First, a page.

It was trivial. I mean, we that first meeting in January ’86, no, I found as Treasurer I had 194 pounds and one penny, in the bank and, you know, we looked quickly at the bills that we had to pay during that winter and they would be easily in excess of three or 400 pounds. So we were in a dire position, but he basically said look, you know, we can sell this building, we can, but we’ll need to probably raise £20,000 to £30,000 on top of that. And we’ll just do it, we’ll just do fundraising and walk through the planning requirements, you know he had no fear of dealing with difficult planning, procedures. And lo and behold, that was that was achieved in a remarkably short period of time. I think helped by the atmosphere of the time we were in a fairy… Bubbenhall was an old village, it goes back to the Doomsday Book and most of its history, it had been an agricultural community. But the injection of new people in the 70s and early 80s, including myself, I think gave it not only increased the population, but brought in a number of people who had different types of experience. And it was also the period of difficulty in the British economy, if you remember, the 70s included the OPEC oil crisis, winter of discontent, a lot of power cuts, and the new younger population spent an awful lot of time together because you know, we had houses with no heat for periods of time and the two pubs were the obvious refuge. So it was a period of togetherness, I would describe it as and it became relatively easy in that situation to put events on and raise significant amounts of money through everyone sort of pulling together. A little bit like lockdown, really, you know, it brought out the best of the community spirit, the hardship of the times brought out that spirit in a way that might not otherwise have happened. But of course, it needed a fairly formidable amount of leadership. And we were lucky getting that from, from Major Gibson, And you had it you had the good fortune as well of being able to sell the old Reading Room for a little more than you expected. Yeah? Yes, I mean, these things do depend a little bit on serendipity. And the 1980s was a period of massive increases in house prices, you may remember. The Reading Room he went to auction, and our estate agents had estimated a sale price of £28,000. But when we went to auction, amazingly, we had about 30 people in a very small meeting room. And there was one property developer who had already had a house in the village, had aspirations, I think, to knock down the Reading Room and build a very large development of new houses there. And fortunately, he got outbid by £500 by the Brown family who eventually bought it. And Bill Brown, as it turned out, was a very competent architect and well able to deal with the challenges of converting this 1870 building into a modern home and eventually he paid something in the excess of upper £50,000s, almost twice what the estate agent had estimated value to be. So we got lucky there.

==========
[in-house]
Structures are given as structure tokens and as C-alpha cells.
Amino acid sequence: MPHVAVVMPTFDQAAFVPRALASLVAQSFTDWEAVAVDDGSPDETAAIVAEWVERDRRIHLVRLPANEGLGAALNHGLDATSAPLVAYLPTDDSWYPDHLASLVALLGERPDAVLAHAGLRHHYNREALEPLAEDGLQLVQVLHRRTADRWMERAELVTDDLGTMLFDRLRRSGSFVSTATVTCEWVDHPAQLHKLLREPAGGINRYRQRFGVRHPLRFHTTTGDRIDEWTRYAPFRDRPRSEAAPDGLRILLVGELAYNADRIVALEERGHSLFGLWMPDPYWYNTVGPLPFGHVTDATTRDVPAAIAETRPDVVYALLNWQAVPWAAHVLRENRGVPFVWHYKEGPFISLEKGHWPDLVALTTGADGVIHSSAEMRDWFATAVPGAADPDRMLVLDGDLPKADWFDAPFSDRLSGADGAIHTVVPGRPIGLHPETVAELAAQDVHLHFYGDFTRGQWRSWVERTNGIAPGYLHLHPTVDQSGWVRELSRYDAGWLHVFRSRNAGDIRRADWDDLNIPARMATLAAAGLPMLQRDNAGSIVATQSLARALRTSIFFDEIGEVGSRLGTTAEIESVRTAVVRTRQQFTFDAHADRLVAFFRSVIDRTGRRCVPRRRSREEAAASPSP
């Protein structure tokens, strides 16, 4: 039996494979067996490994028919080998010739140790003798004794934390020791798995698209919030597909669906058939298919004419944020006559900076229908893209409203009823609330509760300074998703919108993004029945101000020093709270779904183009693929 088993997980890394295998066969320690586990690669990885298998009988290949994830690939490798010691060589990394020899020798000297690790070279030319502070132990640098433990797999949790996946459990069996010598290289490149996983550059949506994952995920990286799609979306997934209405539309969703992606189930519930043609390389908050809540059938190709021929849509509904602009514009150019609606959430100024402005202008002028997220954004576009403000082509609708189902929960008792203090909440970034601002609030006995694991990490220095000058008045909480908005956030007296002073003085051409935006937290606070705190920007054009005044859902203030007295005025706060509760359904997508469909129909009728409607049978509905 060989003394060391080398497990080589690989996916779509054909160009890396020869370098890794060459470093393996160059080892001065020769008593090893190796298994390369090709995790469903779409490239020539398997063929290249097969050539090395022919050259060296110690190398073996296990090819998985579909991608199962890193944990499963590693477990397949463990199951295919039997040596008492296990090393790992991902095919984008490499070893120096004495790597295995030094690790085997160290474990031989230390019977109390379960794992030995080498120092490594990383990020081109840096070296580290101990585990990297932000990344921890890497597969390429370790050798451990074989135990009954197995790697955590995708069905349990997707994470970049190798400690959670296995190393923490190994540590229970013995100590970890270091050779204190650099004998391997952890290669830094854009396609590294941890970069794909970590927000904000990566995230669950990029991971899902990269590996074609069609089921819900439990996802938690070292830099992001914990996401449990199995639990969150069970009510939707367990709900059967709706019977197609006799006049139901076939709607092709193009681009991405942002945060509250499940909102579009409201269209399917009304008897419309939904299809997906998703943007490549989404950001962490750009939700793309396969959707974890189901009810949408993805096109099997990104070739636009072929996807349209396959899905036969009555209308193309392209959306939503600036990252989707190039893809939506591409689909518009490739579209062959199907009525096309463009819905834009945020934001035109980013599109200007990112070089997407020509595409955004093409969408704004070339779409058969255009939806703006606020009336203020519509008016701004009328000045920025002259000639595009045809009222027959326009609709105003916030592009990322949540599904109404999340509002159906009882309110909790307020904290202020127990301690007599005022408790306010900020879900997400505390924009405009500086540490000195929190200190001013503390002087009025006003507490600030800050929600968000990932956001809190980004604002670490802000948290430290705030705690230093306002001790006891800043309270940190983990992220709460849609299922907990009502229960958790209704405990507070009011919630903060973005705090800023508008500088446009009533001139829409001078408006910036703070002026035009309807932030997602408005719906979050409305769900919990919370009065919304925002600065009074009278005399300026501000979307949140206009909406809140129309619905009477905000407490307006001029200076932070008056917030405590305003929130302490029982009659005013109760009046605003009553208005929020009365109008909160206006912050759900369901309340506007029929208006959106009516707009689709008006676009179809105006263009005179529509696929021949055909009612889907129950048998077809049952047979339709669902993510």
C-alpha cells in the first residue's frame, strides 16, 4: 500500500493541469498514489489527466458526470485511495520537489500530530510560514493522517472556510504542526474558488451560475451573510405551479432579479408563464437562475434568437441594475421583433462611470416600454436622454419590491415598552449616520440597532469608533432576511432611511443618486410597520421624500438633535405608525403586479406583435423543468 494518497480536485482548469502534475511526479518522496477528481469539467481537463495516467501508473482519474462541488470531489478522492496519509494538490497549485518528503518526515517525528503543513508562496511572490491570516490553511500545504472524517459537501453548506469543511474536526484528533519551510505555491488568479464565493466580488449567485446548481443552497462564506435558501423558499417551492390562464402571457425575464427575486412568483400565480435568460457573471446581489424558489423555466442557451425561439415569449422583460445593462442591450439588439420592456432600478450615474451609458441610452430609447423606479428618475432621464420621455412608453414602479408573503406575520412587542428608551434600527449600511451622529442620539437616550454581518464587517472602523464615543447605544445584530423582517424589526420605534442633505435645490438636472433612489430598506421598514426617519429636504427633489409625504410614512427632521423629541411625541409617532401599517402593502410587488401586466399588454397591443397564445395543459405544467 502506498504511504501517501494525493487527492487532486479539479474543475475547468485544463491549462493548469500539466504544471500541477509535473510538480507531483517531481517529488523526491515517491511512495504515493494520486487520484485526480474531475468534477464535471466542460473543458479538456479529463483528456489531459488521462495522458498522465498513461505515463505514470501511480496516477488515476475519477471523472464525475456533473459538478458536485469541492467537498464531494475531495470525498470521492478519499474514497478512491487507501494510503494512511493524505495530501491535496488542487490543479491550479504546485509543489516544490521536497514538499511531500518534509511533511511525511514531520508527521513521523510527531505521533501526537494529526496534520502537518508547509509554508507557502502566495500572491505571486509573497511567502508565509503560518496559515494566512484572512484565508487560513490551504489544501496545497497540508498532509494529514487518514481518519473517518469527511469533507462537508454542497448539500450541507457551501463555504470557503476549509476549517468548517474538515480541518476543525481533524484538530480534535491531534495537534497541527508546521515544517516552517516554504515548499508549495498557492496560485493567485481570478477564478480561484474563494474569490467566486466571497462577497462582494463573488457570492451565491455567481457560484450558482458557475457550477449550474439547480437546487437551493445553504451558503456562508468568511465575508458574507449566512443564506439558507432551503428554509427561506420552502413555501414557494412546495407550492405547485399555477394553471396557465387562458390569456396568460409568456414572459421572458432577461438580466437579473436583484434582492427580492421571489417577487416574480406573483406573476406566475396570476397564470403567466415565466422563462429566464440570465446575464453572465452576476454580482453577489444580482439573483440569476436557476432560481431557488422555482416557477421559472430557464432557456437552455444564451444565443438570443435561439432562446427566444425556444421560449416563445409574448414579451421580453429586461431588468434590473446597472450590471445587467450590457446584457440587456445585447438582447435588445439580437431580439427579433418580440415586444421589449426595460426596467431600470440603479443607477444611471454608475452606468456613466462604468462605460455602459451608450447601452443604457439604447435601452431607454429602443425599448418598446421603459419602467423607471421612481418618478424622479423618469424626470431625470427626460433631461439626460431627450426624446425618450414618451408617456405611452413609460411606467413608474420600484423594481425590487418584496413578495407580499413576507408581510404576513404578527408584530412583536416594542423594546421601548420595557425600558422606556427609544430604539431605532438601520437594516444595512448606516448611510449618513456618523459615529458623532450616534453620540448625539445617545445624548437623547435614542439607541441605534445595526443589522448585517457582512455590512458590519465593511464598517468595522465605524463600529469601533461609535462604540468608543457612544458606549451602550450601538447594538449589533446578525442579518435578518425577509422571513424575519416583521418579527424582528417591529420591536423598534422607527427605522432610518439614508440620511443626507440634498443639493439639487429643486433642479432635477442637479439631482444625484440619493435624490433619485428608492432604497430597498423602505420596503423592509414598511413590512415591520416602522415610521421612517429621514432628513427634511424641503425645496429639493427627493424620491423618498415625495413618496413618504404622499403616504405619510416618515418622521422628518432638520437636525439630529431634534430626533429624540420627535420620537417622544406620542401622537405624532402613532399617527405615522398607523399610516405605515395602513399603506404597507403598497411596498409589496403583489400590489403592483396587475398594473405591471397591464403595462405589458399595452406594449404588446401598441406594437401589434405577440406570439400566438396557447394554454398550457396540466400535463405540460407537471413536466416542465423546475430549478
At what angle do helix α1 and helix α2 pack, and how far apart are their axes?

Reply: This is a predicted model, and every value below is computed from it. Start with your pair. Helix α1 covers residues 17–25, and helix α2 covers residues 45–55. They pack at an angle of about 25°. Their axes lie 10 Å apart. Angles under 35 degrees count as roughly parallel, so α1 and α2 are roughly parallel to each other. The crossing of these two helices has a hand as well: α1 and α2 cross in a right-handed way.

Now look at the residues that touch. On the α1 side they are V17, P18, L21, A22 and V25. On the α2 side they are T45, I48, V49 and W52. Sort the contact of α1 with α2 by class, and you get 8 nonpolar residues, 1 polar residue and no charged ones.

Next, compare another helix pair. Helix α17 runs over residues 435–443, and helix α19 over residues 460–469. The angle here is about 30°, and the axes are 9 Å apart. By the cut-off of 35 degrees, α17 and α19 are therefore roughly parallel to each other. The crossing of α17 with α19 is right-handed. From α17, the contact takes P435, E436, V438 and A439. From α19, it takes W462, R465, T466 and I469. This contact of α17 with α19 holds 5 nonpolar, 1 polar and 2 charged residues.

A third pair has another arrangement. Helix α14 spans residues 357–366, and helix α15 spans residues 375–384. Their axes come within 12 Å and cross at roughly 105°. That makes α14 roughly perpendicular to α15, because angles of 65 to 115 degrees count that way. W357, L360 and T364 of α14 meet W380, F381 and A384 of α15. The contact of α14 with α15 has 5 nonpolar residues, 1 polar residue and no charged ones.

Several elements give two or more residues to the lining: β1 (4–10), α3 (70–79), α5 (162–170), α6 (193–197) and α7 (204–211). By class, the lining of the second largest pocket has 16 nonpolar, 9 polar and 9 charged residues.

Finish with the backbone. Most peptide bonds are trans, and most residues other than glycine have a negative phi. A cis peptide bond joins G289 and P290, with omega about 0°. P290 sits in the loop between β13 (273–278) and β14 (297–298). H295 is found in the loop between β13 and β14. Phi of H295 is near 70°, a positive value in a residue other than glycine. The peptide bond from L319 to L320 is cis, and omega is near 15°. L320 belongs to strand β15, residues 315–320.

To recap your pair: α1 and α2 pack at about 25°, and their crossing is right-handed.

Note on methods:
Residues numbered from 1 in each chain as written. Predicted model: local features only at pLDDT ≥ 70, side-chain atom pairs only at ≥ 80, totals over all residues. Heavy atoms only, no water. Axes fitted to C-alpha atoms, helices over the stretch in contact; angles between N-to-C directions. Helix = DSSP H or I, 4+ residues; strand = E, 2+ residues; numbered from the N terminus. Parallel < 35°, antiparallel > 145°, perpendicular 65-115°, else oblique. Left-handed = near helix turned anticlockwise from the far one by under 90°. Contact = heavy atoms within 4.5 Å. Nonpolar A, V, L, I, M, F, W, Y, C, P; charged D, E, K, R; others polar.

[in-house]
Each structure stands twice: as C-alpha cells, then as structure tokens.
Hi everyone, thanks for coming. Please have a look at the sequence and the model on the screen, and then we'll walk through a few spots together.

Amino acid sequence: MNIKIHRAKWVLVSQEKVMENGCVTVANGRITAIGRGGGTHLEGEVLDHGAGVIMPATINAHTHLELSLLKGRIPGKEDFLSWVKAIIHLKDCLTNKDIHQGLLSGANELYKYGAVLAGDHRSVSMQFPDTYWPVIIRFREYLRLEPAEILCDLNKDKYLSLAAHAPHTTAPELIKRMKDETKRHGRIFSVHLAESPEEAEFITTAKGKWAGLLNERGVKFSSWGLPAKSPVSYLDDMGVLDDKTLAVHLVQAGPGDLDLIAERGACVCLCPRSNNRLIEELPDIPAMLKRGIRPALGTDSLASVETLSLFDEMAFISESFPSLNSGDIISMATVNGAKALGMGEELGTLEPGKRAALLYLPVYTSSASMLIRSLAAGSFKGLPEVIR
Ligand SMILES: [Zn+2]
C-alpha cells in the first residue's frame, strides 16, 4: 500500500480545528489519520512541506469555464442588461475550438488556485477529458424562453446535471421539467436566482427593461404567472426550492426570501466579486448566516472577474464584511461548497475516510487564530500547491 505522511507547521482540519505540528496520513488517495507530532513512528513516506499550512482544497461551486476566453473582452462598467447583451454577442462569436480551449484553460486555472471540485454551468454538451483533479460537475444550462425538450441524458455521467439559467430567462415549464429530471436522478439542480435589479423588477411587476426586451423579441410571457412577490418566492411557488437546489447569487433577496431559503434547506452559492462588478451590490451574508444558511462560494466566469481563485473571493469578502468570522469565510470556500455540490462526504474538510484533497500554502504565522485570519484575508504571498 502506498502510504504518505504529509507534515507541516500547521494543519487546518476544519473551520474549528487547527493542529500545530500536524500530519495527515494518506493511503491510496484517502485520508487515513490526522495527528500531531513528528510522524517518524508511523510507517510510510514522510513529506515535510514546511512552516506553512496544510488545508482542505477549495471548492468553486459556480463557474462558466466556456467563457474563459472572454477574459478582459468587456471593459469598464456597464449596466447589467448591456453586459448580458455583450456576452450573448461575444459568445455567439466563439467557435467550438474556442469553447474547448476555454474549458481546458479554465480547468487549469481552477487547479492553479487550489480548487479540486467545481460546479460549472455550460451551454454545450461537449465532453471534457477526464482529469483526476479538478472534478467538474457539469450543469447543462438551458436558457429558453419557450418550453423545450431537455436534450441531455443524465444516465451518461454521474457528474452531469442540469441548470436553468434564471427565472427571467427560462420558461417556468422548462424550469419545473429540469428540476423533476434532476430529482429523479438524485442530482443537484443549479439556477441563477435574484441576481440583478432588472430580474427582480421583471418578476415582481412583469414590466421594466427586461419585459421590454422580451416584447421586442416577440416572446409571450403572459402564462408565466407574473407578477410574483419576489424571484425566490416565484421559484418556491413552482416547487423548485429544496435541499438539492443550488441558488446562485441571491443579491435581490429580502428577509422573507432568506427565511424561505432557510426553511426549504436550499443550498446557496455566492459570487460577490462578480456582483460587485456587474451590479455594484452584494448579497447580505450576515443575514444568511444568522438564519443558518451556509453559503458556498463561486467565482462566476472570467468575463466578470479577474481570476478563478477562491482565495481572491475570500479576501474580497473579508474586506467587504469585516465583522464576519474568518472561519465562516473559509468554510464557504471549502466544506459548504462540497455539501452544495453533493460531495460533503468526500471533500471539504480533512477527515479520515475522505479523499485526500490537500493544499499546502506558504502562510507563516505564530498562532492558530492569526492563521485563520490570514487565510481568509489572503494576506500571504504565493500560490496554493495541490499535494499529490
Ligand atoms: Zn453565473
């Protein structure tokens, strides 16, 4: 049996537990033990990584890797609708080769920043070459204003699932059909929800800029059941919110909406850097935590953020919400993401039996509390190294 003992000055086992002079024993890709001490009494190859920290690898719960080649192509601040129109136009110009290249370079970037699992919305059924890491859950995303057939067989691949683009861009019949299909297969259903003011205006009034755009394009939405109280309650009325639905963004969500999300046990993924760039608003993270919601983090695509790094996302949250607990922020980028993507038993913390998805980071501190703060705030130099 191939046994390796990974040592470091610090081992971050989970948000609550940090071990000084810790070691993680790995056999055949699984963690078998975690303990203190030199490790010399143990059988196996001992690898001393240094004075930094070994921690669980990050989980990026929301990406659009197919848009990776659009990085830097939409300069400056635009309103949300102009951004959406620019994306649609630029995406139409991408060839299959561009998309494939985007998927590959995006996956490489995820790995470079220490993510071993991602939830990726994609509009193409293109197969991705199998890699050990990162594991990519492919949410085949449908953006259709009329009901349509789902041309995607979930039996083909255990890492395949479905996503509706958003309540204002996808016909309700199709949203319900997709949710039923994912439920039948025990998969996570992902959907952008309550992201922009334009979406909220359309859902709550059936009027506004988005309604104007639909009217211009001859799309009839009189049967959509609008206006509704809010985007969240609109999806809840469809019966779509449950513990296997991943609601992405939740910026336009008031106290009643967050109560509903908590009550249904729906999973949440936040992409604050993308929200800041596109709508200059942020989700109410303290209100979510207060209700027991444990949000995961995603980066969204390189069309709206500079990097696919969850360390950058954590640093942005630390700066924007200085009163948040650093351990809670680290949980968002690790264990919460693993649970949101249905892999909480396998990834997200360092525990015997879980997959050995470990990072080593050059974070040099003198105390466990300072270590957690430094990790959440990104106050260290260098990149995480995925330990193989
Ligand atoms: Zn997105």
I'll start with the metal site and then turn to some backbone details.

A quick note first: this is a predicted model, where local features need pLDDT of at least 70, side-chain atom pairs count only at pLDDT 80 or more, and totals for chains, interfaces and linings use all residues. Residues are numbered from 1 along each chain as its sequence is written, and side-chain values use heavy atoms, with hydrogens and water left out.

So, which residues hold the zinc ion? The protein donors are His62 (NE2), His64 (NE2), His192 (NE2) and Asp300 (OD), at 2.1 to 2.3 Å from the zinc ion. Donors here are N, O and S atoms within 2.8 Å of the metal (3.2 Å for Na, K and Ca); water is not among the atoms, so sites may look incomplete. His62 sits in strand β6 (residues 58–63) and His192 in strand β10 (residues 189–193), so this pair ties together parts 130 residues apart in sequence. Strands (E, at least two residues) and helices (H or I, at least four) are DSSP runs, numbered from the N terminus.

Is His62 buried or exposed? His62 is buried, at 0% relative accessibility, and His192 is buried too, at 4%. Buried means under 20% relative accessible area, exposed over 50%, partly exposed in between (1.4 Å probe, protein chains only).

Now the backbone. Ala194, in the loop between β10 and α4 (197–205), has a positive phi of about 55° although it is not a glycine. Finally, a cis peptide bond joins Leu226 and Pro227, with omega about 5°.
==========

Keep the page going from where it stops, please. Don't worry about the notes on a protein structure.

Johnny Thomson 09:38
Yeah. And then it was on with the, the new build and somebody locally played a significant part in that aspect as well, didn’t they Alan?

Alan Roe 09:48